What do I mean, when I say that Catholic fiction should sing about faith?  Probably, what Paul Elie means when he calls for fiction that “dramatize[s] belief the way it feels in your experience, at once a fact on the ground and a sponsor of the uncanny, an account of our predicament that still and all has the old power to persuade.”  I think everyone involved in the conversation about Catholic fiction wants to find and/ or create the same thing: stories that inform the beauty of their own art form with the beauty of God’s grace.  These stories already exist; one has only to pick up any issue of Dappled Things to discover that Catholic authors are already singing.  However, the more often I hear the terms “shouts and whispers” applied to Catholic fiction, the more I wonder how many beautiful voices have already been strangled.

Metaphors matter in fiction, even more so when the metaphor informs how a writer approaches his or her own work.  So, as one Catholic writer to any others who may read this, let’s stop whispering.  Let’s stop shouting (and, for goodness’s sake, let’s stop shouting about whether or not we should shout.)  Let’s make something beautiful.  Let’s get out there and sing.

The Attic Epiphany of Aimée Thanatogenos

I was flipping through my Waugh collection the other day, and I noticed another example of an epiphany passage written possibly for ironic effect:

Her mind was quite free from anxiety. Somehow, somewhere in the blank black hours she had found counsel; she had communed perhaps with the spirits of her ancestors, the impious and haunted race who had deserted the altars of the old Gods, had taken ship and wandered, driven by what pursuing furies through what mean streets and among what barbarous tongues! Her father had frequented the Four Square Gospel Temple; her mother drank. Attic voices prompted Aimée to a higher destiny; voices which far away and in another age had sung of the Minotaur, stamping far underground at the end of the passage; which spoke to her more sweetly of the still Boeotian water-front, the armed men all silent in the windless morning, the fleet motionless at anchor, and Agamemnon turning away his eyes; spoke of Alcestis and proud Antigone.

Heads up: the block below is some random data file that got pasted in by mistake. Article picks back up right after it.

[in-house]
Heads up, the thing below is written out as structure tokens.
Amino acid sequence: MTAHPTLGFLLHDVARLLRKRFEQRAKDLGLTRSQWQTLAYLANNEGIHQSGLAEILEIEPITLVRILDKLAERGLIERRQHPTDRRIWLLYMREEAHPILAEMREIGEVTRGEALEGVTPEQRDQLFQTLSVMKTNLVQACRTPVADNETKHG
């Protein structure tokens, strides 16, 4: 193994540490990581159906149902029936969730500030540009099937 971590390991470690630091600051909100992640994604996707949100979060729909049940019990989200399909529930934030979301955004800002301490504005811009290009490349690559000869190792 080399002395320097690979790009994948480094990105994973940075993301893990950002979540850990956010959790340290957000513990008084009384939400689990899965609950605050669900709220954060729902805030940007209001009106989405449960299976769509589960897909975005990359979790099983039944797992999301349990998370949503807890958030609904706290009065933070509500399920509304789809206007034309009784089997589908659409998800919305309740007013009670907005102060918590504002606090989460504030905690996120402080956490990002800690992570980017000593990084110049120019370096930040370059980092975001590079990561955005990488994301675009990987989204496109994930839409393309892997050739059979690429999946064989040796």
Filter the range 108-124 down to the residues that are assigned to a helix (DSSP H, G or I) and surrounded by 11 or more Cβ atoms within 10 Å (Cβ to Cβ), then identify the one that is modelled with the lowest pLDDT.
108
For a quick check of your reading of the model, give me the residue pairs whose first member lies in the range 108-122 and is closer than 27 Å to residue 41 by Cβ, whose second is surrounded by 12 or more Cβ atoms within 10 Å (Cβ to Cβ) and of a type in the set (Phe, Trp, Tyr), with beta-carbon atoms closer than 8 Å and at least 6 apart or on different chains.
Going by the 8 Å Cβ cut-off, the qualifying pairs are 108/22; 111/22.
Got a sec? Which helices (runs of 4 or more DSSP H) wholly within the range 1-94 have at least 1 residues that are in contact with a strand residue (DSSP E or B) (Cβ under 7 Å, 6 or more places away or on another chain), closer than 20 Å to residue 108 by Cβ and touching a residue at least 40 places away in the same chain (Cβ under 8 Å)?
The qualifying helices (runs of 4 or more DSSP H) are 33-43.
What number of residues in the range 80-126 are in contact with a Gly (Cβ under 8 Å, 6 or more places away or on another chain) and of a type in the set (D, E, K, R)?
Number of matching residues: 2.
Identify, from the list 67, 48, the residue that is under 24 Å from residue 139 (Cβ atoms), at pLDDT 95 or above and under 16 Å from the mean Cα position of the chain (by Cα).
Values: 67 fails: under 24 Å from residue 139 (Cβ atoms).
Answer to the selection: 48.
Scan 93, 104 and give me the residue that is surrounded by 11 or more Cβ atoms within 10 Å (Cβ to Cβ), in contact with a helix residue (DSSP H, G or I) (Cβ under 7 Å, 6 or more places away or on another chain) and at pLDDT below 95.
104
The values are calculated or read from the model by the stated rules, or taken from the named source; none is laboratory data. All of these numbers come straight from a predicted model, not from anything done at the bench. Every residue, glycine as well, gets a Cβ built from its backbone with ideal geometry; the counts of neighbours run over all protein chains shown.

One can compare this passage from The Loved One (1948) with the earlier passage from Decline and Fall (1928). The commentary on Captain Grimes was clearly ironic and humorous. This entry into the consciousness of Aimée Thanatogenos is more mixed in tone, even though the novel is a humorous one. She is a pseudo-tragic figure, caught romantically between two seriously defective men. The passage above occurs after she has come to grips with the emptiness of both men, and it continues,

The East lightened. In all the diurnal revolution these first fresh hours alone are untainted by man. They lie late abed in that region. In exaltation Aimée watched the countless statues glimmer, whiten and take shape while the lawns changed from silver and gray to green. She was touched by warmth. Then suddenly all round her and as far as she could see the slopes became a dancing surface of light, of millions of minute rainbows and spots of fire; in the control house the man on duty had turned the irrigation cock and water was flooding through the network of pierced and buried pipes. At the same time parties of gardeners with barrows and tools emerged and tramped to their various duties. It was full day. (TLO 131-2)

Just prior to this, Aimée had sought the advice of the recently unemployed advice columnist Mr. Slump concerning her romantic troubles. He kindly tells her to “Find a nice window and jump out” (130). Considering the despairing undertones of the scene, and Waugh’s brutal sense of humor, I am inclined to call this passage ironic, although maybe not obviously funny. She does, after all, make the columnist’s advice her own.

Still, there is something absurd about portraying suicide as a noble act. One can see glimpses of nobility in Cato and even Dido, but for Ms. Thanatogenos to end herself over the troubles with Dennis Barlow and Mr. Joyboy? It hardly seems worth the effort, much less a part of a “higher destiny.” Perhaps this is not an epiphany but an apophany, a mistaken recognition of patterns in actual chaos.